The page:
Carl Auböck

Auböck is the fourth-generation craftsman in his family’s Viennese metal atelier which still employs the original brass moulds that nod to the Bauhaus and Wiener Werkstätte traditions.

Carl Auböck

Nearly a century after it was founded, this hive producing often witty household gadgets and tools – corkscrews, letter openers, nutcrackers – have become sought-after collectibles, a timely reminder that our fingers were once upon a time employed with more onerous activity than endless scrolling of screens.

To date, the Auböck workshop has garnered a fanbase that includes Paul Smith, Brad Pitt and Susan Sarandon. Around 4,500 designs in the company’s inventory are archived in in a three-storey building on Bernardgasse, a 10-minute drive from the Wiener Staatsoper, Vienna’s state opera house.

It was here at No23 that the first Karl Auböck (1872-1925) ran a metal shop producing academic bronzes, which included chandeliers for the opera house and the eagle atop the obelisks in front of the Schönbrunn Palace.

However it was the eldest of his three children, Carl II (1900-1957), who set the company on its stellar design trajectory. An exceptional draughtsman as a young boy, he attended the newly opened Bauhaus as a scholarship student from 1919 to 1921. Creating useful, beautiful quotidian objects also became a preoccupation for his son, father of the present day Carl Auböck. He jokes that his family lacked imagination which explains why sons were always named Carl. Indeed, his son Carl V is now 33.

Every single one of our pieces has a story behind it. They also have humour.

Carl Auböck

“Our family was very close-knit growing up. My father painted with his parents, they read literature together, they sculpted together. Every single one of our pieces has a story behind it. They also have humour.”

Living and working with his father for 18 years has meant that he has learnt a great deal about the Auböck language concerning form and materials. “Also truth and materials, a language which was also influenced by Alfred Loos and Josef Hoffmann, both of whom my grandfather knew,” he adds.

“In our workshop, we always show what is inside, what something is made of; it is never lacquered or subdued. Brass’s reaction to air, time and sun is oxidation. That patina is the ageing process which we celebrate.”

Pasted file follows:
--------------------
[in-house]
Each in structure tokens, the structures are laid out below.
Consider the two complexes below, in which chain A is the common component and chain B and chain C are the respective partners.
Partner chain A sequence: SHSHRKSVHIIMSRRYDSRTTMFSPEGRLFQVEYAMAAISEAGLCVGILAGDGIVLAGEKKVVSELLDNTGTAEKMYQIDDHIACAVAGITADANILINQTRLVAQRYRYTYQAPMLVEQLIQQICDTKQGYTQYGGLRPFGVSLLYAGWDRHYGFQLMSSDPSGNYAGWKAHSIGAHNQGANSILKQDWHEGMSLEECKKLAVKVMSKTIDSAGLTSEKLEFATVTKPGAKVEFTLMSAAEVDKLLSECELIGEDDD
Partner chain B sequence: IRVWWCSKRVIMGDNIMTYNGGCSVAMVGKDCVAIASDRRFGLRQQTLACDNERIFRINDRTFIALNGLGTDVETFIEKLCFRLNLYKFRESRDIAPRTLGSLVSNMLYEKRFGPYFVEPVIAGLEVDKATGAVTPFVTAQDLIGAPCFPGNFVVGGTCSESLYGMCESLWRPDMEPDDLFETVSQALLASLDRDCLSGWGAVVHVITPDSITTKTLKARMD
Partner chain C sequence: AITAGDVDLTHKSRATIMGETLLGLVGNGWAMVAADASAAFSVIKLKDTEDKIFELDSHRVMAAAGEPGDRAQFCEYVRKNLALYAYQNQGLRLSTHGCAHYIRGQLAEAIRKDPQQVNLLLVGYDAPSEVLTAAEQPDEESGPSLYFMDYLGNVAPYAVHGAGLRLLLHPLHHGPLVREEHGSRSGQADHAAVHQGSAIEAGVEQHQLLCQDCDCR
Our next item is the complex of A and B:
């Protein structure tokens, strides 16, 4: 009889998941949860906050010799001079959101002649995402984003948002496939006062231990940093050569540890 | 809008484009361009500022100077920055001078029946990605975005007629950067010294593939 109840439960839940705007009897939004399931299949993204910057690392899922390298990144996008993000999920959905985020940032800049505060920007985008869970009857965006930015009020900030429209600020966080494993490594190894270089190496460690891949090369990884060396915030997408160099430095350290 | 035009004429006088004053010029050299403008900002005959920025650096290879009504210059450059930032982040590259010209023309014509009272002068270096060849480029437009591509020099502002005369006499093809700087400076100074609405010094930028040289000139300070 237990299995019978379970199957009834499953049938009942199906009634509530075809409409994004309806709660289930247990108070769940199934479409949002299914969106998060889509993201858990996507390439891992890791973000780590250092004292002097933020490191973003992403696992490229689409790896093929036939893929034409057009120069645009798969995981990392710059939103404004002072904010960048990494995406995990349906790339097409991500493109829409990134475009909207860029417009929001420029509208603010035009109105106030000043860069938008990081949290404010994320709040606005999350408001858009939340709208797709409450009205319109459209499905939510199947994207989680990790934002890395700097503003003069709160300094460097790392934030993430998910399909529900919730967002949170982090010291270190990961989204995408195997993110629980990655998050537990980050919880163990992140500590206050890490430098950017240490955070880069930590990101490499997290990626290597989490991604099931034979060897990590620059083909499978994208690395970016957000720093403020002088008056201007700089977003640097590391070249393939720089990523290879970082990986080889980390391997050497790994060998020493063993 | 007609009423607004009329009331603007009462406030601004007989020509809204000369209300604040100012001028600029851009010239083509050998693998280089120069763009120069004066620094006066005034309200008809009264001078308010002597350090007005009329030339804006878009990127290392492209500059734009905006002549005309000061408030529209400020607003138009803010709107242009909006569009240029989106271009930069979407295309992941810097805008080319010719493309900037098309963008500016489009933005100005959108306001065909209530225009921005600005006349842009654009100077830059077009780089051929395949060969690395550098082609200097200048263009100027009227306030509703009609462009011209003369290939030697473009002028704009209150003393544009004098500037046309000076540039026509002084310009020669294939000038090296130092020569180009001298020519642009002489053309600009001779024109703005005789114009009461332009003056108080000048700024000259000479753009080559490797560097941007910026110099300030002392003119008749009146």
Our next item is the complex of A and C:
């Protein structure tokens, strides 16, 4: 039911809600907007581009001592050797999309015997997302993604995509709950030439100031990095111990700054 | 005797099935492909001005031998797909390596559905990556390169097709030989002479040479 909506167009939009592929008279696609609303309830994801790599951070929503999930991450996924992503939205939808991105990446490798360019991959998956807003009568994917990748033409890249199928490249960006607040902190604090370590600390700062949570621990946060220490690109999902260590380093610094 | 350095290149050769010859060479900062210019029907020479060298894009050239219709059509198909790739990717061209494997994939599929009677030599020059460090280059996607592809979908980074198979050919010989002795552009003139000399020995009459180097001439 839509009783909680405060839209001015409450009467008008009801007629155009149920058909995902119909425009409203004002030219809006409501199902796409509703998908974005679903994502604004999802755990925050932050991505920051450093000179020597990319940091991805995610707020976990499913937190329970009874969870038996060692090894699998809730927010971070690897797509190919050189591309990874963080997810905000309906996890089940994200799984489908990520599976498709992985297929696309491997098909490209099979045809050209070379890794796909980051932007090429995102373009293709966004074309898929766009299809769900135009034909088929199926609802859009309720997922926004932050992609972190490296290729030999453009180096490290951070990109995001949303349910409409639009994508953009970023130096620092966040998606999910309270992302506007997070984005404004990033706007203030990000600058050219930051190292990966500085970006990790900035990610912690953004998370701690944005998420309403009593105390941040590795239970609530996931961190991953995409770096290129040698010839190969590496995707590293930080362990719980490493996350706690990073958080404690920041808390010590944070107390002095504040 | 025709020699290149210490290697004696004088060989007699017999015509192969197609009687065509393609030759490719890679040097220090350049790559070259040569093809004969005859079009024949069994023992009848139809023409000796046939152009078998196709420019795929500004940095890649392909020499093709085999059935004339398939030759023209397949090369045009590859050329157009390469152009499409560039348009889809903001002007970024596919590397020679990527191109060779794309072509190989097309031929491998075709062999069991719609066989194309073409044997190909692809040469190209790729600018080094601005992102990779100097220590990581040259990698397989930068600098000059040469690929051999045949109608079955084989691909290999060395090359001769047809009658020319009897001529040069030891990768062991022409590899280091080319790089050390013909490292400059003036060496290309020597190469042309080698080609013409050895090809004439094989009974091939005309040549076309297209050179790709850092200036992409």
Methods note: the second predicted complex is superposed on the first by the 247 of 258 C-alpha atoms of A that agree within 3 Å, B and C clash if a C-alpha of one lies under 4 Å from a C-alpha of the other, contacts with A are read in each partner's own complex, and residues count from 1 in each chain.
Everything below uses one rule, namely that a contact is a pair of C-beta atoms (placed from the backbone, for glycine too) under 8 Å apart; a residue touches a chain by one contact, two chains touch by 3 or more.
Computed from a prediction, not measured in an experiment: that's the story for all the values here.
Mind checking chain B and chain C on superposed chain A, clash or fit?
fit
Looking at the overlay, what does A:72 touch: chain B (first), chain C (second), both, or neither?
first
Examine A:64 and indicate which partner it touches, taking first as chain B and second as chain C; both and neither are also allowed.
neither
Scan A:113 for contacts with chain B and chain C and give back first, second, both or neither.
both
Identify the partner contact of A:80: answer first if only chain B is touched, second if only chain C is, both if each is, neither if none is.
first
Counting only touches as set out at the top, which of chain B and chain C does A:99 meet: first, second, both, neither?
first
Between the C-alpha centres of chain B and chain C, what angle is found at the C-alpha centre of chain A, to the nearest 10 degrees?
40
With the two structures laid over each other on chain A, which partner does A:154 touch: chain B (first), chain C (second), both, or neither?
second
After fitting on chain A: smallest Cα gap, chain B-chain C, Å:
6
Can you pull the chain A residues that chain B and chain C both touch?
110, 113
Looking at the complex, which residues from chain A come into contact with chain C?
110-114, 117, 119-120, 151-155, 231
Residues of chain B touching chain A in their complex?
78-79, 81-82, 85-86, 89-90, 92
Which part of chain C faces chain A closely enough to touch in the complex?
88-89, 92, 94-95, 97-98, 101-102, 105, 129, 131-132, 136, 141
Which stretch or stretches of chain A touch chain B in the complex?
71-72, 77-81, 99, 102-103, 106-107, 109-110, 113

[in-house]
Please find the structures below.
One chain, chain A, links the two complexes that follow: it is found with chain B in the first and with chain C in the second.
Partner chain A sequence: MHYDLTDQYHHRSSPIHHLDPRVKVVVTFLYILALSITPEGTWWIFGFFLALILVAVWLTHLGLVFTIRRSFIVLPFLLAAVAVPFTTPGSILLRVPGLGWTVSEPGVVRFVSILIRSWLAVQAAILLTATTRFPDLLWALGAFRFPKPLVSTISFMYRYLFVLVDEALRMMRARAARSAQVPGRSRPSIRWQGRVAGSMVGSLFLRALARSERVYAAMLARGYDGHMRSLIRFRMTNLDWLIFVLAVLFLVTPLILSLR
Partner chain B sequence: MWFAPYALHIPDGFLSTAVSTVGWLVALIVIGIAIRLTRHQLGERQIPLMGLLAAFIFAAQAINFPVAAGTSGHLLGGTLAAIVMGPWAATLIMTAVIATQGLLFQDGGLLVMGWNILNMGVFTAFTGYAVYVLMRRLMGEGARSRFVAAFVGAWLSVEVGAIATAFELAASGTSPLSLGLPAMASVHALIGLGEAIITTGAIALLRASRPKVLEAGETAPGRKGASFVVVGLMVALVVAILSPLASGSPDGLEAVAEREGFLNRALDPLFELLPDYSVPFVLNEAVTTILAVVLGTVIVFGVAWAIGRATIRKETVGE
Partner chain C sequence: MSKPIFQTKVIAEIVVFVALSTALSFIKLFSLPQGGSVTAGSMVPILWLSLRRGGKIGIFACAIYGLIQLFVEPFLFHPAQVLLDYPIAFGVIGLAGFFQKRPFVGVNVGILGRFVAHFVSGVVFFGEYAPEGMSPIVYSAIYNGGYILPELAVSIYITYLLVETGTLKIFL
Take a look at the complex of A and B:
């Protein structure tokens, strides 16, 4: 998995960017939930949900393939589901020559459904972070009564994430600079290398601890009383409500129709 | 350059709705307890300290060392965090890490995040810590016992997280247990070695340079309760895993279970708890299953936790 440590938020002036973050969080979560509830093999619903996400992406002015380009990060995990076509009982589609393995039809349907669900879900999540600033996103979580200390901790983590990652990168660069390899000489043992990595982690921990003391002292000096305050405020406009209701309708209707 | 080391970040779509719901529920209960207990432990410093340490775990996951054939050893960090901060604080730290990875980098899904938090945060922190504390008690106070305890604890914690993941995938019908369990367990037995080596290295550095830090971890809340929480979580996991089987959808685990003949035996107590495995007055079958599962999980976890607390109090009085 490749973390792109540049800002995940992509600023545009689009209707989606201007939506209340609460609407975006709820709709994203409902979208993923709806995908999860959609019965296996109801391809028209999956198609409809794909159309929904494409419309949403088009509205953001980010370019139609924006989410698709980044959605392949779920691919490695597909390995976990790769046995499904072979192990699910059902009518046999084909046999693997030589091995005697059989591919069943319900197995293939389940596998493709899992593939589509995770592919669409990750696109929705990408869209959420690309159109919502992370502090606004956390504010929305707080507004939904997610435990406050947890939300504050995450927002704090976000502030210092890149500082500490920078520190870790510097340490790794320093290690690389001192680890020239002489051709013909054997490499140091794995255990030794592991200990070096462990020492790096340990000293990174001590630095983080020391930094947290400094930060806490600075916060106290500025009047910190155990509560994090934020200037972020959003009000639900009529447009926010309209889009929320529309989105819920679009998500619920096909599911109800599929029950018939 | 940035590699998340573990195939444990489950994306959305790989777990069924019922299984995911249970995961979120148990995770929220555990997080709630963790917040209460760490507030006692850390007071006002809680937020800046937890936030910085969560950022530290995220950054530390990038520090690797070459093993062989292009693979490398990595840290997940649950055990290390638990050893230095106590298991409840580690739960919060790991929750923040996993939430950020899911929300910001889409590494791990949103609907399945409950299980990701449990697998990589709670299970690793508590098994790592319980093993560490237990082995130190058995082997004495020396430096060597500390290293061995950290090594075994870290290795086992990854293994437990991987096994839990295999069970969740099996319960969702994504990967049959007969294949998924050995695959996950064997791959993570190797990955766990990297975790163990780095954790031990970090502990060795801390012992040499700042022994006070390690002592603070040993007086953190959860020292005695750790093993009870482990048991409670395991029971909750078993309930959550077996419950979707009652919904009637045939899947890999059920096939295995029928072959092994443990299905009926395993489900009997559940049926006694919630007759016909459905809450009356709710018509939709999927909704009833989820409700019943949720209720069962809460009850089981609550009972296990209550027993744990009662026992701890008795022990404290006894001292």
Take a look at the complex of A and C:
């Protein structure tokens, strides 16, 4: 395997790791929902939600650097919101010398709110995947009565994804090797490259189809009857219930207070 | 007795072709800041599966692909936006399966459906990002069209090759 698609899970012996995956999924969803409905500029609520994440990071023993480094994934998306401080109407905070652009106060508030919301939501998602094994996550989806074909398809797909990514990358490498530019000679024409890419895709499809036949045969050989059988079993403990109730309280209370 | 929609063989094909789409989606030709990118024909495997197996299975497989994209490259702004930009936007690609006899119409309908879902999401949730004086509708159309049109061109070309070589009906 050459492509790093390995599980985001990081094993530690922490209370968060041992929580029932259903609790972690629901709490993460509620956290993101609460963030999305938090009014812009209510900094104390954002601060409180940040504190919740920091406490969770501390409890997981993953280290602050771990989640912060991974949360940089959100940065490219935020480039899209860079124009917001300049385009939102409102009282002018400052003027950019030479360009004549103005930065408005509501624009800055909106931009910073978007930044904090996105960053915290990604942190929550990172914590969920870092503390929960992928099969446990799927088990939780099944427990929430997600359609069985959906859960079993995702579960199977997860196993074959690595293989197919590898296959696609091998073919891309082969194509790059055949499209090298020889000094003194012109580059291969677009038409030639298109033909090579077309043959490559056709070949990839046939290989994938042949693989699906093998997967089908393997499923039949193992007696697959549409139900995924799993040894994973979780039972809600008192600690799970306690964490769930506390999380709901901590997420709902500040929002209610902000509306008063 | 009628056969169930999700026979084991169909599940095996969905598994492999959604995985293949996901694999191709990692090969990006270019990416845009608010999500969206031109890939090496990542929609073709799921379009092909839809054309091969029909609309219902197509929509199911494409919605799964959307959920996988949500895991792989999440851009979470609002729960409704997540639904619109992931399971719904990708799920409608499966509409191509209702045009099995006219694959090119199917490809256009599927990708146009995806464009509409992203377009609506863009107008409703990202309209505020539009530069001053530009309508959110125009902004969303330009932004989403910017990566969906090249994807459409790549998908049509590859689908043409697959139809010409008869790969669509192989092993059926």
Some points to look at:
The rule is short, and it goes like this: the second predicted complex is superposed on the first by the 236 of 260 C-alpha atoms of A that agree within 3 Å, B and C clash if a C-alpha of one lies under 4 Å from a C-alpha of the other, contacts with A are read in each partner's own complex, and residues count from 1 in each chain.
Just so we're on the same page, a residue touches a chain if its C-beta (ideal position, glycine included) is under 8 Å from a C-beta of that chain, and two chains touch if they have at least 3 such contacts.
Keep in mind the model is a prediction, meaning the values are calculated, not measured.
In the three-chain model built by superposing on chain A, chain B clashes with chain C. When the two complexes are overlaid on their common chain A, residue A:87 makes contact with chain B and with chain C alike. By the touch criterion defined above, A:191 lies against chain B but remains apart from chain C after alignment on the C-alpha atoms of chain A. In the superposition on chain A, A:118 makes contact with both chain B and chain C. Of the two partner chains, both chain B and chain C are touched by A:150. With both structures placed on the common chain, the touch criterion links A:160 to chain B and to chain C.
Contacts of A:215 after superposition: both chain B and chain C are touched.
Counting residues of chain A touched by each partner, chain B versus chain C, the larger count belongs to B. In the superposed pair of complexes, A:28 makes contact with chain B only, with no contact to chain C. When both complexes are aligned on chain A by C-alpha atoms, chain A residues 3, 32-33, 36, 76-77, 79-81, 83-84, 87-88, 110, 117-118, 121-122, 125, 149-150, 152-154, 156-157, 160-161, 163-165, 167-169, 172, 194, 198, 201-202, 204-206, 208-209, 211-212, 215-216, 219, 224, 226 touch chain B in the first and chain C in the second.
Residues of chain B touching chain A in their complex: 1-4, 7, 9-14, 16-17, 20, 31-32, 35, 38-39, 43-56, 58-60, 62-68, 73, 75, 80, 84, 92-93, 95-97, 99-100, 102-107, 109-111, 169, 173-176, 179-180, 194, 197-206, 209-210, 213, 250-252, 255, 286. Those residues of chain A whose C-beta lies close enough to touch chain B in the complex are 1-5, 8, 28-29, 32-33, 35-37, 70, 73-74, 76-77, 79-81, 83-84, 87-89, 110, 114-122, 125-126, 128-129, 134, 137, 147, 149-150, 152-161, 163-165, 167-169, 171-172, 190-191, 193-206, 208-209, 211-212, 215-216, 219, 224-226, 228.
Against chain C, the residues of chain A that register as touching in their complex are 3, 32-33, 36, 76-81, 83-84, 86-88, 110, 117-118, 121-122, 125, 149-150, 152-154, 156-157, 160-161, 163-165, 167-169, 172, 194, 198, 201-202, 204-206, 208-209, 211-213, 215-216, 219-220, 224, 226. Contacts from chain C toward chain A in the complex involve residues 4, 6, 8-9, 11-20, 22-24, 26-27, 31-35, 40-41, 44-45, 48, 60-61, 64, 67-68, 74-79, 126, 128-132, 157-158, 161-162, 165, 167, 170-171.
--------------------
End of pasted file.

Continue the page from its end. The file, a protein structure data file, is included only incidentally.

What is the value of craft?

Craft is the essence of all human activity– all that will be remembered in years to come is concentrated in objects as a form of our expression.

How does it make you live better?

Better I don’t know, but certainly it makes you live more consciously, it makes you more aware of our sources and real capabilities. It can make you stop, slow down, enjoy a moment.

Do you think handmade objects have an ‘anima’ or ‘soul’ that makes you cherish them more and want to pass them down generations?

All material in this world has life or speaks life. There is also the emotional connection and a large storytelling aspect too. Craft can teach and inform us, reveal processes but also feelings. Many look for the story behind the object, especially if their country is a new one and lacks history. Objects tell the story about a place, a time. Stories that are passed down. In a family like mine, parts are forgotten – which is sad – but many are passed down too.

Why is craft important in culture?

It is the simplest way to express ourselves, whether that’s a piano piece by Schubert or the hand-carved puppet of a pygmy healer made to cast off bad forces – both are important in their cultural circle.

What artisan traditions are we in danger of losing and what would you like to see kept alive?

All artisan traditions change all the time. Stopping this change might be impossible or even dangerous as it allows for new approaches and perhaps gets rid of others. I rely on the boundless ideas of Situationist philosophy (that past experiences and behaviours do not determine what someone will do in a given situation). When my parents took over the workshop in the late 1960s, they took a different approach. My father was a designer with modernist thinking, whereas my grandfather was first and foremost a craftsman and so a different approach evolved in our studio.

What is the best present you have received?

A trip to Marrakesh three years ago was a wonderful gift.

What is the worst?

A Harley Davidson mug, well-meant but not very thoughtful.

What do you consider when choosing a gift?

Mostly you give what you like yourself. It’s a thrill giving presents to my wife, Wendy; will I hit the mark or miss I wonder, because there is nothing in between.

What is the best gift you have ever given?

Moments in time that you really cherish.